Mickey Coleman thought he was doing all the right things.

The Tyrone man's daily routine was pretty simple. He looked after himself, worked hard, tried to spend as much time with his family, kept in touch with all things Irish and, in the midst of a hectic lifestyle, he kept fit too.

Living in the Rocklands area of New York, he would rise each morning at 5.30am, hit the road to his office in Manhattan for 6am, where his company, Shoreline Construction, was based.

When Coleman came to the Big Apple a decade ago, he was like thousands of Irish who have worn a similar path arriving in NYC, a small fish with big dreams.

He got there. Dreams became a reality. These days his company employs 80 people, they look after everything from drywalling to interior work. The talented footballer and musician made it in construction too.

"A lot of hard going," he says when asked how a lad from Ardboe got a company up and running in the biggest smoke of the lot.

As busy as he was, the goal at the end of each day remained the same – get back as quick as he could to his wife Erin and two boys – six-year-old Micheal and two-year-old Riordan – play with the kids for a while and read them a bedtime story before they turned in for the night.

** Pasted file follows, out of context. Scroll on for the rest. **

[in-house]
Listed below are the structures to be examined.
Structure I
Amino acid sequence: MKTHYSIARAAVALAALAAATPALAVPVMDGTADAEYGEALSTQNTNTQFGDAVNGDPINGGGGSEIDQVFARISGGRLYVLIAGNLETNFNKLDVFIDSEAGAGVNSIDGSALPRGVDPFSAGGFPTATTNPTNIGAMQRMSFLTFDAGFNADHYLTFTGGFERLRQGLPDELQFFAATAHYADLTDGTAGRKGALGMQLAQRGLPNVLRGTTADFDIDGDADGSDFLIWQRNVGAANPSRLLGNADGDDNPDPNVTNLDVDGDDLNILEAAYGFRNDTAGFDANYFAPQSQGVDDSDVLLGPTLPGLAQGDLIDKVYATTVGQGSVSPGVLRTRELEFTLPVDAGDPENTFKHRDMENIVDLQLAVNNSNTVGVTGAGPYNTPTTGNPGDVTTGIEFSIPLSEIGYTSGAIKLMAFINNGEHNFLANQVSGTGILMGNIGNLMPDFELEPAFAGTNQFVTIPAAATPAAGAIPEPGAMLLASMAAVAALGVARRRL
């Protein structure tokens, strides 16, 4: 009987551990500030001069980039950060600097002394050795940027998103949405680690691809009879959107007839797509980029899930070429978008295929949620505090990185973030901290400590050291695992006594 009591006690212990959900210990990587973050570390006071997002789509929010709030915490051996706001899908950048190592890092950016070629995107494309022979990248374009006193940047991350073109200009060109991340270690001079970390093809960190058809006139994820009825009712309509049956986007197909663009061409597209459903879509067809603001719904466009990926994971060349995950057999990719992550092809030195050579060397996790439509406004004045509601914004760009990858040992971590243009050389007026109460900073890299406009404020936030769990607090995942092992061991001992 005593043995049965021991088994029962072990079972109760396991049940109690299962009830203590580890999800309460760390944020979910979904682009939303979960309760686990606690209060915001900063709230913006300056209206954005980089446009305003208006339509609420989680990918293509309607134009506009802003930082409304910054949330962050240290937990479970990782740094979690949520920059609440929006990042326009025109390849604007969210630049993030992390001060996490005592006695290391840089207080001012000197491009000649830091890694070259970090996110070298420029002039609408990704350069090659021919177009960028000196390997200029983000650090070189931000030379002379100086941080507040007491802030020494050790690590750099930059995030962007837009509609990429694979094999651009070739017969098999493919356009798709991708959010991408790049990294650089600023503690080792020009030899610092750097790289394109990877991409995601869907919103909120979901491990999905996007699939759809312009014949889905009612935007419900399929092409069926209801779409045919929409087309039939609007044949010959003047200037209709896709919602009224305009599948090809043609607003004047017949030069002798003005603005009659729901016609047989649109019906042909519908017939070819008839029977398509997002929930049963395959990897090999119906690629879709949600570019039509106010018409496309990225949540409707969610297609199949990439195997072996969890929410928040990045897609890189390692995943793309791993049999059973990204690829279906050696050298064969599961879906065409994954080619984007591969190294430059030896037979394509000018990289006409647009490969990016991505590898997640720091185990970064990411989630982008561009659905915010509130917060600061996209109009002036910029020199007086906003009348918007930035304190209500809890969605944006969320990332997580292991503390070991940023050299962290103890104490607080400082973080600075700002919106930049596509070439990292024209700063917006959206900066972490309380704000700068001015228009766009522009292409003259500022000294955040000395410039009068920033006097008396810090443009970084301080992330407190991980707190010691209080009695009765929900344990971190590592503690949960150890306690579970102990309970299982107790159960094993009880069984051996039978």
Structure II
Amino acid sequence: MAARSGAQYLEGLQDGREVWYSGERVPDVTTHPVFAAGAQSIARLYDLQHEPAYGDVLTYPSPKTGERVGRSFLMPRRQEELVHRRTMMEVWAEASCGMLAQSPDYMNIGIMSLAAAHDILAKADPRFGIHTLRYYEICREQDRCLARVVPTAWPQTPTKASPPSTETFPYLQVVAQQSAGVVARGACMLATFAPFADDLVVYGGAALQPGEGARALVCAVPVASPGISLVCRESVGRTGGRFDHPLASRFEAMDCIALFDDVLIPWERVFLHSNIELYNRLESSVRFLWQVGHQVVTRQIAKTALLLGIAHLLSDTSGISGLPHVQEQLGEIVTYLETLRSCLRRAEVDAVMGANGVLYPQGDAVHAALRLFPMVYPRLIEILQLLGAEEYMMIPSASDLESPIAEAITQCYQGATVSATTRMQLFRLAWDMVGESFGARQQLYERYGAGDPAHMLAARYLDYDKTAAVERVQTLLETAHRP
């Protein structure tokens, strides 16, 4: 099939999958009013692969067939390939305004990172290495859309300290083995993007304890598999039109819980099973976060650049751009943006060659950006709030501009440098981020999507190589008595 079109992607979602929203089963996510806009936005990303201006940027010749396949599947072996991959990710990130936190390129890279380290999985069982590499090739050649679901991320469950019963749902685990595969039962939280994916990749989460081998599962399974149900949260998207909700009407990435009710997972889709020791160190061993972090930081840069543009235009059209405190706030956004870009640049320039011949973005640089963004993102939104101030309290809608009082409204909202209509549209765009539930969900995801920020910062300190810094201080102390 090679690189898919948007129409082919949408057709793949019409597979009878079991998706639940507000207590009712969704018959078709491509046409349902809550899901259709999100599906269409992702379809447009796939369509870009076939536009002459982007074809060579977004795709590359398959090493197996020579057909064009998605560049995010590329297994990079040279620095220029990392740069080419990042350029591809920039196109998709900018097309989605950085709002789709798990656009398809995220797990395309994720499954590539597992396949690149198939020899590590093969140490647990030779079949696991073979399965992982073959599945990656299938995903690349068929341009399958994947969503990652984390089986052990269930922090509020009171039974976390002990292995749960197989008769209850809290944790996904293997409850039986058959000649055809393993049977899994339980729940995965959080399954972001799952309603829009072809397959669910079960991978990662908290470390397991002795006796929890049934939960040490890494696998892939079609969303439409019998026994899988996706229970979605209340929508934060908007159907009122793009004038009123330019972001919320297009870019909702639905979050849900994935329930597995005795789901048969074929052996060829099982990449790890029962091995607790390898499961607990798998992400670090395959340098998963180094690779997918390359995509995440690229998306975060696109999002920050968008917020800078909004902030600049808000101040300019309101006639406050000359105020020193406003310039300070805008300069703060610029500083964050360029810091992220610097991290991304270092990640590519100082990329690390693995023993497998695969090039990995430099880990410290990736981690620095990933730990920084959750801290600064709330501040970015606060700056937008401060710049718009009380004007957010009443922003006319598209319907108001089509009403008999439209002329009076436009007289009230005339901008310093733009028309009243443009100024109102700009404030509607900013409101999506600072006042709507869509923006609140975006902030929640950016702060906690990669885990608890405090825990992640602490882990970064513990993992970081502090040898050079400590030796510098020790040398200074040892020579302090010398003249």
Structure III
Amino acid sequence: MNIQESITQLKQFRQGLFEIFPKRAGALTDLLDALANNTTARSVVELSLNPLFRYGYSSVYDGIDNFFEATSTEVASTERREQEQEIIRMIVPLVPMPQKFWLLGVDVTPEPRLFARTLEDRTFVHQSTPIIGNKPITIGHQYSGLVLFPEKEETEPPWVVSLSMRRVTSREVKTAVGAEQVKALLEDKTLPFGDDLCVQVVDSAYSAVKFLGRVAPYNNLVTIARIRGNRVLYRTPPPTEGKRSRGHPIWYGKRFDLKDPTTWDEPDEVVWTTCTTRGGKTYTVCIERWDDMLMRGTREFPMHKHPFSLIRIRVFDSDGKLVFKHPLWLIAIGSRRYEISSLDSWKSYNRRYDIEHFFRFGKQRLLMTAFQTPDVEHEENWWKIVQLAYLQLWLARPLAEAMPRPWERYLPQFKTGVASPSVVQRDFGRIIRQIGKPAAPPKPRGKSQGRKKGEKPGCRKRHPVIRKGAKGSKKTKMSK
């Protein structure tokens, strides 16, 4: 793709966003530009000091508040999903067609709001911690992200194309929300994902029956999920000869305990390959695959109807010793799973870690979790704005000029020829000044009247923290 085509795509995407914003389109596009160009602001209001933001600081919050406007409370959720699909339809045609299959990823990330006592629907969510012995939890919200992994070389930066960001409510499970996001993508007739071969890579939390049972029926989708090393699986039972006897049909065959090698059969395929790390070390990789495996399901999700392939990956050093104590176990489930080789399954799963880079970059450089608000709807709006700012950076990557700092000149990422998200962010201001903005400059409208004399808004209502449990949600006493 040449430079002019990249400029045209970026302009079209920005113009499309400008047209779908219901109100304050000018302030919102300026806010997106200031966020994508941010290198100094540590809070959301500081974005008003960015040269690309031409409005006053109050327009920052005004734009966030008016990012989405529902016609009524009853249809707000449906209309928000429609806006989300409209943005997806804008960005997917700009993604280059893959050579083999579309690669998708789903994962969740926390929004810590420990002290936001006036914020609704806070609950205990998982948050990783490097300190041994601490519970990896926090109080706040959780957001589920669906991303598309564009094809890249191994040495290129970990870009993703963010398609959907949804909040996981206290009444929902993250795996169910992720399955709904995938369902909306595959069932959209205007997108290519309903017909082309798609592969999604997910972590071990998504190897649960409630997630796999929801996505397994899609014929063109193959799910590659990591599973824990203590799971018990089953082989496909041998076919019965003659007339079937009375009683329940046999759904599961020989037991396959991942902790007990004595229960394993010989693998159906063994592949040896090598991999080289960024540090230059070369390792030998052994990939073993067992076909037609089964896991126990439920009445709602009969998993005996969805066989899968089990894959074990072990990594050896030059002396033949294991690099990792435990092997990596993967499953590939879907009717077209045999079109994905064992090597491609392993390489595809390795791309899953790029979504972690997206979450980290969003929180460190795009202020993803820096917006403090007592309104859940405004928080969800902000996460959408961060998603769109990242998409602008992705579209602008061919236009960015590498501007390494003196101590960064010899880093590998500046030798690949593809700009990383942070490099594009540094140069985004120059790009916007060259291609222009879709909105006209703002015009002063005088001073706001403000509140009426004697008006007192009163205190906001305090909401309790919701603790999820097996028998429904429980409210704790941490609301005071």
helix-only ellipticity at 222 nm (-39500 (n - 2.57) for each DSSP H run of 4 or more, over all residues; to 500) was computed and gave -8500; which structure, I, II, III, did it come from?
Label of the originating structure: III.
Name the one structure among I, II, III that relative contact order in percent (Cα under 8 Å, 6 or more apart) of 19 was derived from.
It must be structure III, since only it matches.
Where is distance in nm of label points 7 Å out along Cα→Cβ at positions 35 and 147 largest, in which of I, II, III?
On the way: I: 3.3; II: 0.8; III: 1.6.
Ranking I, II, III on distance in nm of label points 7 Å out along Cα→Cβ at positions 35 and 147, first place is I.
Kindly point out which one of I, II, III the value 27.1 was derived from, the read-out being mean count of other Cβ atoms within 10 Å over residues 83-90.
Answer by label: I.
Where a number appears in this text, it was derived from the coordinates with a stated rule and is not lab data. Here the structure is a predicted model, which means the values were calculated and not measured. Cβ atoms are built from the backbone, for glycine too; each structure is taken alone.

"After that it was a bit of fitness work," he said. "I built a gym at the bottom of our garden, it has bikes, squatting racks, the whole lot. I worked hard to keep myself right. The gym, Crossfit, I’d run three miles three times a week.

"I was in the best shape of the past six or seven years, to the extent that I was even considering going back to play ball with Rockland GAA this year in the New York Championship. You know yourself, maybe 20 minutes on the edge of the square or something.

"I guess I can say goodbye to that now," he smiles ruefully.

Mickey Coleman in action for Tyrone in 2005

He doesn’t need the paramedics that saw him flatline three times in the ambulance, nor the nurse that attended to him and administered CPR for six minutes, nor the doctors who cared for him in the specialist labs, to tell him how lucky he is.

Coleman knows that better than anyone.

One evening, just a couple of weeks ago and back at the tail-end of March, he came home after a three-mile run. Erin had left a sandwich out for him and the boys were asleep upstairs. Just like he did every evening, he sat to wind down and catch up on the RTÉ News and all Irish current and sporting affairs.

Coleman may be a decade in New York, but the home fires burn brightly still.

He sponsors his home club, Ardboe, and was a founding member of Club Tyrone New York. He lives thousands of miles away but, in many ways, he’s not budged an inch at the same time.